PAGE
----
Every girl should have a friend who’s witty, opinionated, drives really fast motorcycles and is equally comfortable cooking French food with hand-foraged mushrooms or drinking wine out of a half-pint canning jar. For me, that friend is chef and author Lisa Simpson. Lisa was kind enough to contribute her thoughts here on the perils of the Foodie Bubble.
Let’s clear this up right away: I am in the Foodie Bubble. It’s pretty awesome, too. But sometimes I hear my mouth making the Foodie Bubble talk and I squirm. Once I was with a group that was timidly ordering off a menu where the terms ‘lettuce cup’ and ‘Kurobuta pork’ provoked so much anxiety that the chef threw together a surf-n-turf option.
Into this crowd I almost griped, “I can’t believe the somme is pairing Napa Cab with Vietnamese?!”
There’s so much Foodie Bubble talk going on in that sentence, I’d need to diagram it and then be force-fed a Twinkie as punishment. (But that’s just more Foodie Bubble talk, am I right?)
Here in the Foodie Bubble, we forget that not everyone spends their free time chasing down raw milk producers or waiting for the perfect tomato. Most people grab a jar of spaghetti sauce off the grocery store shelf.
Yes, yes, in our ideal world, everyone would loooove to cook, we’d all make our own pickles from robust vegetables grown on our southern-facing wall, have pygmy goats that sleep in the garage so we could milk them for our coffee, no one would ever forget their reusable grocery bags, corporations would genuinely care about what they fed us, everything would have a positive environmental impact, and we’d all have reservations at 8 at Momofuku.
But listen up, Foodies. That will never happen. And it’s Foodie Bubble talk to think otherwise. When we forget that, that’s our failure.
Remember your own path to the Bubble? Your love of McRib sandwiches didn’t lead you to mistakenly pick up Fast Food Nation and then the next day decide how to preserve heirloom vegetables. How can we demand that of everyone else?
The first organic thing I bought was milk. I probably used it to rehydrate cheese powder. I wasn’t looking to change from someone who simply liked to eat into a Super Foodie. None of my foodways happened overnight, over the weekend or because nothing was the same after Omnivore’s Dilemma.
In fact, I don’t know a single person that read Omnivore’s Dilemma that had an epiphany. Everyone that read it already knew, since that’s the section of the bookstore we hang out in. It was like handing out free Bibles to a congregation that had already taken Jesus into their hearts.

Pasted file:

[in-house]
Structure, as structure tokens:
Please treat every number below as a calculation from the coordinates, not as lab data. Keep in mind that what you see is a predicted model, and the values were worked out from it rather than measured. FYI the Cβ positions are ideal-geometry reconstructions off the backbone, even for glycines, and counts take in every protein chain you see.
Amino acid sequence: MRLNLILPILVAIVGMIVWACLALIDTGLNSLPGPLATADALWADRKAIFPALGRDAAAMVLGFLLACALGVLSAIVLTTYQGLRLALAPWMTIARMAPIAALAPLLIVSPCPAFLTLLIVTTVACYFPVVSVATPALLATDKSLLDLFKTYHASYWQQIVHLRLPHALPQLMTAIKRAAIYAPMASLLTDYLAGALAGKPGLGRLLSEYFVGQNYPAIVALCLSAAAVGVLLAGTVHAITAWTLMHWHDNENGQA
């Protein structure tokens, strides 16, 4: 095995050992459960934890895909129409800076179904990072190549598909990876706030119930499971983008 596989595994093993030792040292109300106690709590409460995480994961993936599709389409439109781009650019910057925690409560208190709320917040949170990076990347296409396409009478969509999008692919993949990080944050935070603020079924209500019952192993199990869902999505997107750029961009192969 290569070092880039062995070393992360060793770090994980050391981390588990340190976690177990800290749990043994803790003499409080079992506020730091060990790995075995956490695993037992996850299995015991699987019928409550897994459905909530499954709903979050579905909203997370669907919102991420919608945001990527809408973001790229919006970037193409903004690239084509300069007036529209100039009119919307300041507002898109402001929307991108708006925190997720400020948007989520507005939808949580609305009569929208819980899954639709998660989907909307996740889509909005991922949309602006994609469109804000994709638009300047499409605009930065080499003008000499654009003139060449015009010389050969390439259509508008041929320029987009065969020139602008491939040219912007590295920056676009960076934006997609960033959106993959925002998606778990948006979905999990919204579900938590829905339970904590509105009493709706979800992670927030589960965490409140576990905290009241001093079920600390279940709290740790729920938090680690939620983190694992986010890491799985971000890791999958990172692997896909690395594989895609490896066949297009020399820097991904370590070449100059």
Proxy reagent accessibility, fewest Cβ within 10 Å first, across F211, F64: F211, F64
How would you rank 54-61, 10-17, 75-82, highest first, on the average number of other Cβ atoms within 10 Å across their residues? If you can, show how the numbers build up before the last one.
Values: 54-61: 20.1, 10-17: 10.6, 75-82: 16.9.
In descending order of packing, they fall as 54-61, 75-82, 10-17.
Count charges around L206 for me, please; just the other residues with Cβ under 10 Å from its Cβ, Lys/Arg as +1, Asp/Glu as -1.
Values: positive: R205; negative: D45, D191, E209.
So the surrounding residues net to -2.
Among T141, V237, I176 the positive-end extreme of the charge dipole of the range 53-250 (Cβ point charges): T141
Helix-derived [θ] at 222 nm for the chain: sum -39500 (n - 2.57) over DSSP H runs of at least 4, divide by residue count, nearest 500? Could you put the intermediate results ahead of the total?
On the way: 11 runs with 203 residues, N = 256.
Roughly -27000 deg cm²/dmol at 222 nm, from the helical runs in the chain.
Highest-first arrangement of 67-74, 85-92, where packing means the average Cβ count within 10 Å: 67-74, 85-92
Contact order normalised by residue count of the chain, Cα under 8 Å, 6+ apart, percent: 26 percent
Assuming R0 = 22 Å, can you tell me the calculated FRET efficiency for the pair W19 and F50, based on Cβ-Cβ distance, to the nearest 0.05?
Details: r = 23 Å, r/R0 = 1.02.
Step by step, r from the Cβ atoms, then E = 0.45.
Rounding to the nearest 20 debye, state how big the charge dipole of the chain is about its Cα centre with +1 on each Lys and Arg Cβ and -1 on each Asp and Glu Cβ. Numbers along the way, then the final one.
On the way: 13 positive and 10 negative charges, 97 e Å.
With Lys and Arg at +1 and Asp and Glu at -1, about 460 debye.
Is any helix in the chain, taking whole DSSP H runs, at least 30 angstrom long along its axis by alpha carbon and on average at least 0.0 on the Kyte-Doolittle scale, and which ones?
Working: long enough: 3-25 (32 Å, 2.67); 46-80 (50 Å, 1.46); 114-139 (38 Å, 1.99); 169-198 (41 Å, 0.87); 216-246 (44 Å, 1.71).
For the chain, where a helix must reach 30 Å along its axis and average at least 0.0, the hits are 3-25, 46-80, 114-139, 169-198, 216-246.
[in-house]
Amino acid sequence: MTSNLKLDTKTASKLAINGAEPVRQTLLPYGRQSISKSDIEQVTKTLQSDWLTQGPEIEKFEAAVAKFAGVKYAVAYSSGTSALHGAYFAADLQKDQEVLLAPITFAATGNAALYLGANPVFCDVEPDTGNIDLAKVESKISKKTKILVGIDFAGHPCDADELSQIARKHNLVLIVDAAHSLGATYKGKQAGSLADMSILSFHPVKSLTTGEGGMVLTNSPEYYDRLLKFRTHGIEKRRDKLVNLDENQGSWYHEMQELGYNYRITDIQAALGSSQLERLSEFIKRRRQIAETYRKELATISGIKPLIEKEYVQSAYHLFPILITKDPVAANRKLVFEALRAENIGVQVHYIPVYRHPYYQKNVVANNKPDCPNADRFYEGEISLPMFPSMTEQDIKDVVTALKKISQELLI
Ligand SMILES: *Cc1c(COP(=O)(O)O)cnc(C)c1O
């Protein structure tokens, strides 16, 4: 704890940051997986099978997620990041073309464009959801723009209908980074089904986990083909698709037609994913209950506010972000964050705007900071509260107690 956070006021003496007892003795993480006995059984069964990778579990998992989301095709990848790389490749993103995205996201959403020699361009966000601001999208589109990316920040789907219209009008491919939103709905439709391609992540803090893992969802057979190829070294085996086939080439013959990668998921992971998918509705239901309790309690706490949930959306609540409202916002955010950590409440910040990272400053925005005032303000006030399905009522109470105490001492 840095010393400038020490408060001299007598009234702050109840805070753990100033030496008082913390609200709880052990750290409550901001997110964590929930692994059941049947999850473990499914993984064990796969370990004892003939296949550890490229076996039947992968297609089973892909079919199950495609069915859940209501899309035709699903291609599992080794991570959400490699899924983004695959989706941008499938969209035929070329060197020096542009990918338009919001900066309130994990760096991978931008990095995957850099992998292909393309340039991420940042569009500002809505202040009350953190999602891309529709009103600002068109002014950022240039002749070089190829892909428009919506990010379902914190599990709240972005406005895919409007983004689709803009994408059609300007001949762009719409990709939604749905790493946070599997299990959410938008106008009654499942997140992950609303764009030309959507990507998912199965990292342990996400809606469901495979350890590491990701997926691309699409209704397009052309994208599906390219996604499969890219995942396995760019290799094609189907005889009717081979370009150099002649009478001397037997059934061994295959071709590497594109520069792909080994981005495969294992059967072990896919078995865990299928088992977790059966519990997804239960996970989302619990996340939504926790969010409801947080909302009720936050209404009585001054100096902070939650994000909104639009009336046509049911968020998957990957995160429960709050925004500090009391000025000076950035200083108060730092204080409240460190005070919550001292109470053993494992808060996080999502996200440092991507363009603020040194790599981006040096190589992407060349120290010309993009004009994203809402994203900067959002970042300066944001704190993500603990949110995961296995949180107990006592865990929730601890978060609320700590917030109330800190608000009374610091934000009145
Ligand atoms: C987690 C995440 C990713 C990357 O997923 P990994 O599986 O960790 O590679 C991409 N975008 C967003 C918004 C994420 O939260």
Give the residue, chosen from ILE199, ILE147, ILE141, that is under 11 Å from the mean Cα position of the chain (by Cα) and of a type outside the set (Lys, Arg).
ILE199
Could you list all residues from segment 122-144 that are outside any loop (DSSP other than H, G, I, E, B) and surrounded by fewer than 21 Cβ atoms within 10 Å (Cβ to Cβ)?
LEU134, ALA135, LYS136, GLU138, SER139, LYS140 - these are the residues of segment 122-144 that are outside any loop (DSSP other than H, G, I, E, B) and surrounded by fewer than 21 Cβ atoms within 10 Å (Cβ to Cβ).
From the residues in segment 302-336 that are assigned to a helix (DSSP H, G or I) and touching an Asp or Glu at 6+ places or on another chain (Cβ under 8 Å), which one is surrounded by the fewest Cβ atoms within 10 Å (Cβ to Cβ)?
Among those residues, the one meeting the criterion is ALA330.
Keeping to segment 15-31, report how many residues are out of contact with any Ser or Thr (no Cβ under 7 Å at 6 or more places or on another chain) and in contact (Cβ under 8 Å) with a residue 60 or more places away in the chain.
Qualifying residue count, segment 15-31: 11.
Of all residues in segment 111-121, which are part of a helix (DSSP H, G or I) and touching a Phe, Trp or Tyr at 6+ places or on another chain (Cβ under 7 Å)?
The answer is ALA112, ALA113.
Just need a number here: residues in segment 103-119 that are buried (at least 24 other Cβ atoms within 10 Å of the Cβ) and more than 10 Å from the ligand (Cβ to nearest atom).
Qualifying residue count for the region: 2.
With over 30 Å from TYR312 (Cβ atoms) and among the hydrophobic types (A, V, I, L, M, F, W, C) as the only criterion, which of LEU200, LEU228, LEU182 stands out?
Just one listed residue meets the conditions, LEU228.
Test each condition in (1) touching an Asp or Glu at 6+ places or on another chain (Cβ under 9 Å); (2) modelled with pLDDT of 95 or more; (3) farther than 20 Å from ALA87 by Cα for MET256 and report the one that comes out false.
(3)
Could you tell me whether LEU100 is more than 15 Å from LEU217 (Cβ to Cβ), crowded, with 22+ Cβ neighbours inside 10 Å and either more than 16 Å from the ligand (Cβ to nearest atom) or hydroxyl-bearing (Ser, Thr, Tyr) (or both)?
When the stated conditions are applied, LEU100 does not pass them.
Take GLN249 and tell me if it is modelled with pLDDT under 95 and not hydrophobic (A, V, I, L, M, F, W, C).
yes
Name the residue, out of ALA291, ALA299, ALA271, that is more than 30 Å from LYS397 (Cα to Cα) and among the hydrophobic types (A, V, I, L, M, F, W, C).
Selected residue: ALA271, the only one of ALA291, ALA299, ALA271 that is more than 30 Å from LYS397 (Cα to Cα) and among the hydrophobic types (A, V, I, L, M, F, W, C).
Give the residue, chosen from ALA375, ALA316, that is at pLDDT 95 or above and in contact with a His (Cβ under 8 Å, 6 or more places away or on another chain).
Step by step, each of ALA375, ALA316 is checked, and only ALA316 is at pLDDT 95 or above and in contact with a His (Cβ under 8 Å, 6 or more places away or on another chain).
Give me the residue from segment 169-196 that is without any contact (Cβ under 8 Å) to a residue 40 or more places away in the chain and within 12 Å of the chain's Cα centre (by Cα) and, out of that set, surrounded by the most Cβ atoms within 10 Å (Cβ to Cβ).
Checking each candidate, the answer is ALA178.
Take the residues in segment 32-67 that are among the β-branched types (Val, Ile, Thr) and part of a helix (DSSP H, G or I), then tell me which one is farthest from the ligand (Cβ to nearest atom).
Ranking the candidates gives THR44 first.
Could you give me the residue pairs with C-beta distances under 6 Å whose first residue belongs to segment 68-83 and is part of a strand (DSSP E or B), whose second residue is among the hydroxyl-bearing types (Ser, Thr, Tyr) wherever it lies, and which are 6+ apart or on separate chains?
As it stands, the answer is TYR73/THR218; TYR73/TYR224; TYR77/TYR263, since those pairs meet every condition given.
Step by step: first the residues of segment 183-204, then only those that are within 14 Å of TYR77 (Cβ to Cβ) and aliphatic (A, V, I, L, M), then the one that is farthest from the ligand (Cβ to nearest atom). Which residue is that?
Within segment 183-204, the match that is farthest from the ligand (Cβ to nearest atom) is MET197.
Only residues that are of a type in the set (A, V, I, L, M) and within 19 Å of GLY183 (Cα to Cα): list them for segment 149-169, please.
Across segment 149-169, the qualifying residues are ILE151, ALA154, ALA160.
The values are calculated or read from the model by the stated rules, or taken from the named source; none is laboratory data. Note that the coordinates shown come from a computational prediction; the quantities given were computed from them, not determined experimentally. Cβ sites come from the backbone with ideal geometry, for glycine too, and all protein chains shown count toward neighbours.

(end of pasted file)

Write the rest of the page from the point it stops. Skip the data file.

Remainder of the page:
And that, my fellow Foodies and illustrious Foodie Bubble people, is the problem with all of our salient, educated, erudite and passionate arguments. We are totally preaching to the choir.
An example of our passionate dialogue with ourselves is this pioneer program in LA to bring healthy, delicious food to inner city kids through the School Lunch program.
The program is failing because of quality control issues and because kids don’t like weird food. And in case you forget what it was like to be a 4th grader, “weird food” is anything that isn’t eaten in your own house. All these well-meaning people, good hearted, with a noble purpose, they overlooked the obvious.
So the challenge here isn’t to draw people into the bubble. The challenge is for us step out of it.
And we need to, because we are our own worst PR company. We’re hippies, liberals, PETA-sign waving blowhards that wanna take away soda, salt and bacon. Elitist 1%ers with obscene wine collections murmuring about heirloom tomatoes while half of America can’t pay their mortgage. We’re obsessed with the color of egg yolks and making corndogs fancy. We want people to think about overfed geese while there are two wars and taxes and kids getting lost in the foster care program.
When we’re not patting each other on the back about our superior sensibilities we’re shouting into an empty theater, having forgotten that no one wants to watch a bunch of self-satisfied jerks pat each other on the back. That’s called “The Oscars” and we all agree that it’s mostly awful to watch, right?
We need to remember: most people are not in the Foodie Bubble. They don’t know what Momofoku is, and if they did they’d probably not go anyway. The average person is not a culinary adventurer, and deep frying a Twinkie is as much a political act as a dessert option. It’s cheaper to buy 10 frozen dinners on sale with coupons than it is to buy kale at the Farmer’s Market. Kale is weird. Soccer moms do not want to be goat-milking hippies. A lot of them don’t want their kids around goat-milking hippies just in case goat-milking hippie is contagious.
Getting out of the Foodie Bubble is not about quitting, it is about changing the way we take on the world. Foodie minions, we need to be a broom in this system. We have to be a little more self-aware and a lot less precious, and a helluva lot better at our own PR.
Lisa Simpson - moving away from the Foodie Bubble, but never food.
What do you think – are you in the Foodie Bubble or do you just like to eat? Perhaps most importantly, how can those of us who do care about food politics and food sovereignty issues engage others on these topics without coming across like a pretentious foodie ass?